Taxes on second residence in Spain

As the owner of a second residence in Spain, you pay a number of taxes every year. This article gives you an overview of the different taxes on a second residence in Spain.


The IBI (impuestos sobre bienes inmuebles) is an annual municipal property tax. You can compare this tax to the property tax in Flanders. The IBI is calculated based on the cadastral value of the property (valor catastral).

The owner or usufructuary of the property owes the tax from the 1st of January. For example, if you bought a second residence in April 2020, you will therefore have to pay the municipal tax only from 1 January 2021. In practice, however, this tax is settled pro rata at the time of the purchase deed.

The municipality collects this tax. In the province of Alicante, the SUMA collects the IBI. You will receive the assessment annually in the period August - November. You can have the IBI domiciled through your Spanish bank account.

Read more about the annual cost of a second residence in Spain.

The non-resident tax

As the owner of a second residence in Spain, you are a non-resident in Spain. This means that you must also file an annual non-resident declaration (impuesto sobre la Renta de no Residentes sin establecimiento permanente). This non-resident tax is similar to the Belgian non-resident tax. The calculation differs depending on whether you rent or not.

You do not rent

If you do not rent out your second residence, you will be taxed on cadastral income. The cadastral income is a percentage of the cadastral value. As a rule, cadastral income is 2% of the cadastral value. If the cadastral value was revised in the last 10 years, the percentage is only 1.1%.

The cadastral value is recorded by the local tax office. You will find this amount in the IBI statement. If you have bought a newly built property, there is usually no cadastral value available yet. You will then take 50% of the value in the deed.

On cadastral income, as an EU resident, you will be taxed at a rate of 19%.

An example. The valor catastral of your property is 100,000 euros. This cadastral value was revised 8 years ago. The cadastral income is then 1.1% of 100,000 euros or 1,100 euros. On the cadastral, you take the rate of 19%. You will then pay 209 euros for non-resident tax.

You should declare the tax annually, before the 31st of December, using the form modelo 210. If you are reluctant to file your tax return yourself, Confianz can help you do it arranging formalities for you.

You rent out your second residence

If you want your holiday home leases, you pay 19% on the net rental income. This means that you are allowed to deduct expenses from your gross rental income, such as community charges, water, electricity, maintenance, municipal charges and taxes, depreciation, etc. This cost deduction is calculated pro rata on the number of rental days in the calendar year. You are responsible, from 2024 onwards, to declare tax by 20 January each year for income from the previous calendar year.

Read more about Spanish tax return obligations.

What if you only rent for a few months a year?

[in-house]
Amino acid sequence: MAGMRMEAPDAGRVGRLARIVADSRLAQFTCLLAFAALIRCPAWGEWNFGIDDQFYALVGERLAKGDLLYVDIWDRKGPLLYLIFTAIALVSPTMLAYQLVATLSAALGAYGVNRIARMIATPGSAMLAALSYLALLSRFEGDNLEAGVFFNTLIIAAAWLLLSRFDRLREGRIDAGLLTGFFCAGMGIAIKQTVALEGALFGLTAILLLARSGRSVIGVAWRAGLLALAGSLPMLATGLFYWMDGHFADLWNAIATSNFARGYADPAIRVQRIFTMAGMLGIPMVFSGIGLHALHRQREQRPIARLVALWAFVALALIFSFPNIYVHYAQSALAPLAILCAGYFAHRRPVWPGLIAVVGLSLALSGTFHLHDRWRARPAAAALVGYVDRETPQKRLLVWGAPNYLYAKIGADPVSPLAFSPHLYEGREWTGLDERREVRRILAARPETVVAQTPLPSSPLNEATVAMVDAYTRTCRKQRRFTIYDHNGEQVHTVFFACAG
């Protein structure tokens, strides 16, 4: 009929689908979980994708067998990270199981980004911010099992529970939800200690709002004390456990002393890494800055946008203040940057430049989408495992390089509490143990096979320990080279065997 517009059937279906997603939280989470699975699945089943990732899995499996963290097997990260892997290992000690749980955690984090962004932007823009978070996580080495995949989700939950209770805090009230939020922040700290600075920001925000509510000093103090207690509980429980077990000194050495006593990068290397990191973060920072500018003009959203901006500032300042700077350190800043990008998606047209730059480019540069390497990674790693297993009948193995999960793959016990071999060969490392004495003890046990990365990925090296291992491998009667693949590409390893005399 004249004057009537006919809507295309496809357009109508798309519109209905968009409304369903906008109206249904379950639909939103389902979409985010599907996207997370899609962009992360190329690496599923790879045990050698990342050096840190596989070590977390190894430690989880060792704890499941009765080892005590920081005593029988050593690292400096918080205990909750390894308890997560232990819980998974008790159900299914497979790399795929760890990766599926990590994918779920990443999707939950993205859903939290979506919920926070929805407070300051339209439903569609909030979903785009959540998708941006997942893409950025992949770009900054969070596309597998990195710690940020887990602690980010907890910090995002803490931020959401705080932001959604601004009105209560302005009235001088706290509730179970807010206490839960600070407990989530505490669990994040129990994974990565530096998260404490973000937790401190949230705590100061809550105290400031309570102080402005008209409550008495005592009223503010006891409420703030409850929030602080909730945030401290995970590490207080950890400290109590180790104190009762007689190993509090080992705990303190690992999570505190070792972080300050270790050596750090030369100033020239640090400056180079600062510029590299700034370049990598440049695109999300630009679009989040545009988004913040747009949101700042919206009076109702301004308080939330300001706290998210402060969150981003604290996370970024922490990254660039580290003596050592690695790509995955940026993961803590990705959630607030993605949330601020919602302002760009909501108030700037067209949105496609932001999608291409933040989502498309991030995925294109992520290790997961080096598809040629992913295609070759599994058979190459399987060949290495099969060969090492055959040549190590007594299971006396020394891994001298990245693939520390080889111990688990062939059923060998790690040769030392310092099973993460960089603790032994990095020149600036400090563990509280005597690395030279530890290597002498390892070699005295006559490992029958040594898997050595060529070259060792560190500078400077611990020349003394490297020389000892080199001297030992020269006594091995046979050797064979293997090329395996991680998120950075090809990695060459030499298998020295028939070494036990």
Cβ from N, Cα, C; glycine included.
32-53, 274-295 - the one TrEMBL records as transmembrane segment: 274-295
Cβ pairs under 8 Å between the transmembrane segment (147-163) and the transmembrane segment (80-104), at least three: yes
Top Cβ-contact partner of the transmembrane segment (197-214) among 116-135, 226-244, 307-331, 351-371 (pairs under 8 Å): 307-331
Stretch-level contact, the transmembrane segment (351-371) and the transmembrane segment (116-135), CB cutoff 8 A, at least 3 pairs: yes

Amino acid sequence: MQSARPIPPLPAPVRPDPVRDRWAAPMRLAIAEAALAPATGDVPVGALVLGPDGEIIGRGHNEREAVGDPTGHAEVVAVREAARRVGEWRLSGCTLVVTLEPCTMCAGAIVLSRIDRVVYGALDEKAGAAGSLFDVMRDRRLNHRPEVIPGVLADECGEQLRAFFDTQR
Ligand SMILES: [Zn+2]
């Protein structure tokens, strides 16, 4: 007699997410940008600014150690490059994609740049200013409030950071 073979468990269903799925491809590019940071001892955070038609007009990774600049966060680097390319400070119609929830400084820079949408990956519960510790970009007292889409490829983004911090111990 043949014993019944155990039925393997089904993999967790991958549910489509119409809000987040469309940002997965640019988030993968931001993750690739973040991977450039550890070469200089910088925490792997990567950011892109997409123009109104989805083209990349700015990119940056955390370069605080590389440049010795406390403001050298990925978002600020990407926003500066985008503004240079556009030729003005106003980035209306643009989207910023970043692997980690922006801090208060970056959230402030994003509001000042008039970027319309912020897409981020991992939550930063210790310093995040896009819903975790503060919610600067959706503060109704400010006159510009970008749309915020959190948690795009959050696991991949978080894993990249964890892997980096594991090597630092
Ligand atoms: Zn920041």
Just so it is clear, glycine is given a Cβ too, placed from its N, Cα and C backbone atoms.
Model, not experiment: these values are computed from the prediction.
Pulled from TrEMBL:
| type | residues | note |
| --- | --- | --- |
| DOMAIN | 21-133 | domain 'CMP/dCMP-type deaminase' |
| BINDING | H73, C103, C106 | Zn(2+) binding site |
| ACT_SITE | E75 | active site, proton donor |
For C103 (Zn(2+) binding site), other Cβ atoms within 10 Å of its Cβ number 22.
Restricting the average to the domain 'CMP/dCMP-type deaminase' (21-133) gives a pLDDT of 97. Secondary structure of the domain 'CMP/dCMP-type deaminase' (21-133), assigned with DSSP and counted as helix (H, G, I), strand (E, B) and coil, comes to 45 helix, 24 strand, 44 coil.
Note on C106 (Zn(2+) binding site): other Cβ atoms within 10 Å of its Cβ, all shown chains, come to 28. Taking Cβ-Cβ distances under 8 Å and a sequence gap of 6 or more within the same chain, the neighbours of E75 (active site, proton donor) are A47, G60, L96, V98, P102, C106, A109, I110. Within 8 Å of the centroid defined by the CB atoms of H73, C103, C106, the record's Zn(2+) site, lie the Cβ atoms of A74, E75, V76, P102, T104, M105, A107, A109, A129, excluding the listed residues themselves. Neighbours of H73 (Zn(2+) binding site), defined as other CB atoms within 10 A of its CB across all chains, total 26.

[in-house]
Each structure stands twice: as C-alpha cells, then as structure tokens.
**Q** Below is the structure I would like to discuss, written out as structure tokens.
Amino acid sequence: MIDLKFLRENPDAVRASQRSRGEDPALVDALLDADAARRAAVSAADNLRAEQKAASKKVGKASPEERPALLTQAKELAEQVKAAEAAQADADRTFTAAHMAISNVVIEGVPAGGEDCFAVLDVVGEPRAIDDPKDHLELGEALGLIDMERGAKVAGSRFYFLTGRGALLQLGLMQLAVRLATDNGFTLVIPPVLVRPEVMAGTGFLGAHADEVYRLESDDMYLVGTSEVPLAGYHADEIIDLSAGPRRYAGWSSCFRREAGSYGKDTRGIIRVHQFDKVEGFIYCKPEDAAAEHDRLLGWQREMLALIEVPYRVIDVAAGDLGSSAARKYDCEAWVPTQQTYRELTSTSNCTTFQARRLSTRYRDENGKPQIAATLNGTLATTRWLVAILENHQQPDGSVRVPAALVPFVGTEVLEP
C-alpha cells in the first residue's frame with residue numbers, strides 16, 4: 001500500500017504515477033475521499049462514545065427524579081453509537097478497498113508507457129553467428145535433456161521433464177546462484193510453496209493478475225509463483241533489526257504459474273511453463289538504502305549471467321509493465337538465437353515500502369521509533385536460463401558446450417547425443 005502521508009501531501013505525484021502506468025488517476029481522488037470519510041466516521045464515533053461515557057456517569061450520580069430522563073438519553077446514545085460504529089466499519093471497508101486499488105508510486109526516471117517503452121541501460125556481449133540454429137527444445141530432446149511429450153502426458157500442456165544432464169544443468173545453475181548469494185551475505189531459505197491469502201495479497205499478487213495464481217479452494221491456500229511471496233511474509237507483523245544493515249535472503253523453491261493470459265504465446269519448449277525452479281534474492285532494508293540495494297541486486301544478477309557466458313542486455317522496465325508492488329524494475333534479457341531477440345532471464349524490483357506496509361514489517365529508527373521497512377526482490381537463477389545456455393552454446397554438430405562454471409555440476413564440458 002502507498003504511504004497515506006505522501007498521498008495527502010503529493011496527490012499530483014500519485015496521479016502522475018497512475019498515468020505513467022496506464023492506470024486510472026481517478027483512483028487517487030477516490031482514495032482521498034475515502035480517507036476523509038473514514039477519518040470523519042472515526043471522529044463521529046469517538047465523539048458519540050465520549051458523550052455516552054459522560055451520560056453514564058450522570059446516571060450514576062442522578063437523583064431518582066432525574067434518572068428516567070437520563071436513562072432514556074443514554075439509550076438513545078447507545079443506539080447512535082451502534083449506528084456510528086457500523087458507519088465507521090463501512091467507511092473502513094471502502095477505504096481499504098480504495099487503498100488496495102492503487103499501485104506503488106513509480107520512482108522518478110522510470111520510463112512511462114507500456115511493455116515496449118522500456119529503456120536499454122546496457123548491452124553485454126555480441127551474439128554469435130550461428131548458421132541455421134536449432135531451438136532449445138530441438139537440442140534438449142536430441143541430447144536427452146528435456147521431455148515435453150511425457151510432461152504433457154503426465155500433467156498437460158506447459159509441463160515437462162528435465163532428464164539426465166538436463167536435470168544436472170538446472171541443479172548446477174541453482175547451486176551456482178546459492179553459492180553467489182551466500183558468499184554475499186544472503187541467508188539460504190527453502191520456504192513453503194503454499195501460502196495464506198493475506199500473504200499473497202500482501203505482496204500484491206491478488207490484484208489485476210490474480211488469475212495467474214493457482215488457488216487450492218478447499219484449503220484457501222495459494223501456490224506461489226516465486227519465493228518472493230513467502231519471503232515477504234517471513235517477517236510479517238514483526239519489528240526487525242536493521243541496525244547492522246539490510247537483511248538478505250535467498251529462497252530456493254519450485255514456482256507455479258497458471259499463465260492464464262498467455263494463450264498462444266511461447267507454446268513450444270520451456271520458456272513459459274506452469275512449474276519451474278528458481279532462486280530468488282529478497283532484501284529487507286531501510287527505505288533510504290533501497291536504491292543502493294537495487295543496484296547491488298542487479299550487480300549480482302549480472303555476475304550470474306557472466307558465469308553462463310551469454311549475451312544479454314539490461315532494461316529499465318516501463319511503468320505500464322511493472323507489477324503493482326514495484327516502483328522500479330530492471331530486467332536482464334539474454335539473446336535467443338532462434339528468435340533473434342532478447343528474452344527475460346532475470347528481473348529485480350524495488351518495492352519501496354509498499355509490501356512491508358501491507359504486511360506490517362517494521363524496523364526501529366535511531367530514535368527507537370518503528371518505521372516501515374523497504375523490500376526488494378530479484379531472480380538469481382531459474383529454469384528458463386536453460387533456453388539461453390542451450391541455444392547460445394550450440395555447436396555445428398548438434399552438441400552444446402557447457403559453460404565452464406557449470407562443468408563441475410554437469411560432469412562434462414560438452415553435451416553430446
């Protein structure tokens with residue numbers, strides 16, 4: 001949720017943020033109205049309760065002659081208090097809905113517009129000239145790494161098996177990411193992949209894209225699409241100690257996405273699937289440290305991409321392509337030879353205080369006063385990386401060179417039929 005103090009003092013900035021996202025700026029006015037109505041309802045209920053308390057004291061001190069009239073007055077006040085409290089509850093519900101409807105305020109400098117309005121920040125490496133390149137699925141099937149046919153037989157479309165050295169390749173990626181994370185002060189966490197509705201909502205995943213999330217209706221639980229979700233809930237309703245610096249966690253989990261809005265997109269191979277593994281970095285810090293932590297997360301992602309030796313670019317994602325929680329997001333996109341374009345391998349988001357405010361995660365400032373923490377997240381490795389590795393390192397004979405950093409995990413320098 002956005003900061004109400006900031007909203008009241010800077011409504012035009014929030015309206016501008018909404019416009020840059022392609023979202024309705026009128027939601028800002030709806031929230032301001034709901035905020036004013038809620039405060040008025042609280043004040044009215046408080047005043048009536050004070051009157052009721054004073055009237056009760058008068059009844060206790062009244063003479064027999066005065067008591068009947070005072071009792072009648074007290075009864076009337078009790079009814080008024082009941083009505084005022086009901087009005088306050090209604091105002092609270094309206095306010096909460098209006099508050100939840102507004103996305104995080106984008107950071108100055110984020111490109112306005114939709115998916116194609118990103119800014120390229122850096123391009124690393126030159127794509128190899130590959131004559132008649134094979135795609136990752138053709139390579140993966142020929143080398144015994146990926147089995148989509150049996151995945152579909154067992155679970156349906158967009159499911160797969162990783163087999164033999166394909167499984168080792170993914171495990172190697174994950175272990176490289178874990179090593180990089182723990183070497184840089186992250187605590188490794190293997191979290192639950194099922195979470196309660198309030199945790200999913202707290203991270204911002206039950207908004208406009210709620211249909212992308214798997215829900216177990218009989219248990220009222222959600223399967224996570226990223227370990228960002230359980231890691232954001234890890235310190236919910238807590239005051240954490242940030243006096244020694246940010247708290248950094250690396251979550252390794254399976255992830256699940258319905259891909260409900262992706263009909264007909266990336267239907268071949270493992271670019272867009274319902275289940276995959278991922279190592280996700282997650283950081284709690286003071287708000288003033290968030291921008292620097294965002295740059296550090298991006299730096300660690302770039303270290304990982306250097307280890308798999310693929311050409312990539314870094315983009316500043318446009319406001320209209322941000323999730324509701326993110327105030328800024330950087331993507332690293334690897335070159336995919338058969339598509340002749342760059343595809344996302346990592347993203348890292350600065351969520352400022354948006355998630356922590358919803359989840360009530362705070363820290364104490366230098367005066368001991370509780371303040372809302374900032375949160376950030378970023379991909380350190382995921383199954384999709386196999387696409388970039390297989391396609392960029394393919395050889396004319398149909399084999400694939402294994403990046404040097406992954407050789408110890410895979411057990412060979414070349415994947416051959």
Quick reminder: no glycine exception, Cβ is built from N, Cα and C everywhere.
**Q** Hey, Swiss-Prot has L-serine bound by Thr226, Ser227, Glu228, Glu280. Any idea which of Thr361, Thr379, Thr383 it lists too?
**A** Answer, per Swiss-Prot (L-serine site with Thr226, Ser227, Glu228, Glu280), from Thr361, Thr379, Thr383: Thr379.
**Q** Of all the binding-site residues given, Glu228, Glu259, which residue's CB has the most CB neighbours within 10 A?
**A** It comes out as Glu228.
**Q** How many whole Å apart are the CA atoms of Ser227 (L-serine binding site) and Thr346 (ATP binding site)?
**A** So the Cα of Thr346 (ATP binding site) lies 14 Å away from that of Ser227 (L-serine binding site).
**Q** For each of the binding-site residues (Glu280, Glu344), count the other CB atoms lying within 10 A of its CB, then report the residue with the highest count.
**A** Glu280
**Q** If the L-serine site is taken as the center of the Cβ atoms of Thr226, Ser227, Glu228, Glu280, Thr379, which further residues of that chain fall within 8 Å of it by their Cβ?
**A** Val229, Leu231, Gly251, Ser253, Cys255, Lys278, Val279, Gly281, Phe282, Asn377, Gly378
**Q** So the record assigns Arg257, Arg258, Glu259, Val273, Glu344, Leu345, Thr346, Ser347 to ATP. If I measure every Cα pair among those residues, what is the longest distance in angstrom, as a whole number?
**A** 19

In that case, you need to file multiple returns. The quarterly declaration for the period during which you rented out the property. In addition, the annual declaration based on the cadastral income, calculated proportionally to the number of non-rented days.

An example. You rent during the months of July and August 2024. In May and October, you stay in your Spanish property yourself. You should then declare your rental income by 20 January 2025. For the remaining periods of the year 2020, you file a declaration before 31 December 2025.

Wealth tax

Non-residents also pay wealth tax on their assets in Spain. As a rule, there is an exemption for the first 700,000 euros per person. For assets above 700,000 euros, there are rates between 0.20% and 2.5%.

Update December 2020: the highest rate will be raised to 3.50% for net assets above €10 million nationally from 2021.

Read more about wealth tax in Spain.

Other taxes

Other taxes depend on the municipality. For example, in addition to IBI, there may also be waste tax (basura). The basura however, can also be charged in the water bill.

What about Belgian taxes on property abroad?

In Belgium, you have to declare the gross rental value in your personal income tax return. Even if you do not rent out.

However, from assessment year 2022, there will be a foreign KI. You will then have to pass on the sales value of your property to the Belgian land register. This sales value will then be recalculated to 1975. The KI on this will be 5.30%. More information on the foreign KI.

What about Dutch taxes on property abroad?

Residents of the Netherlands should declare the sales value of their foreign property for income tax purposes. This is box 3 for income from savings and investments. This is followed by a partial exemption.

Learn more about property abroad and box 3 here.

Would you like more information about investing or buying in Spain? Or do you have questions About taxes on a second residence in Spain? Feel free to take contact on using the form below.

Update: June 2022

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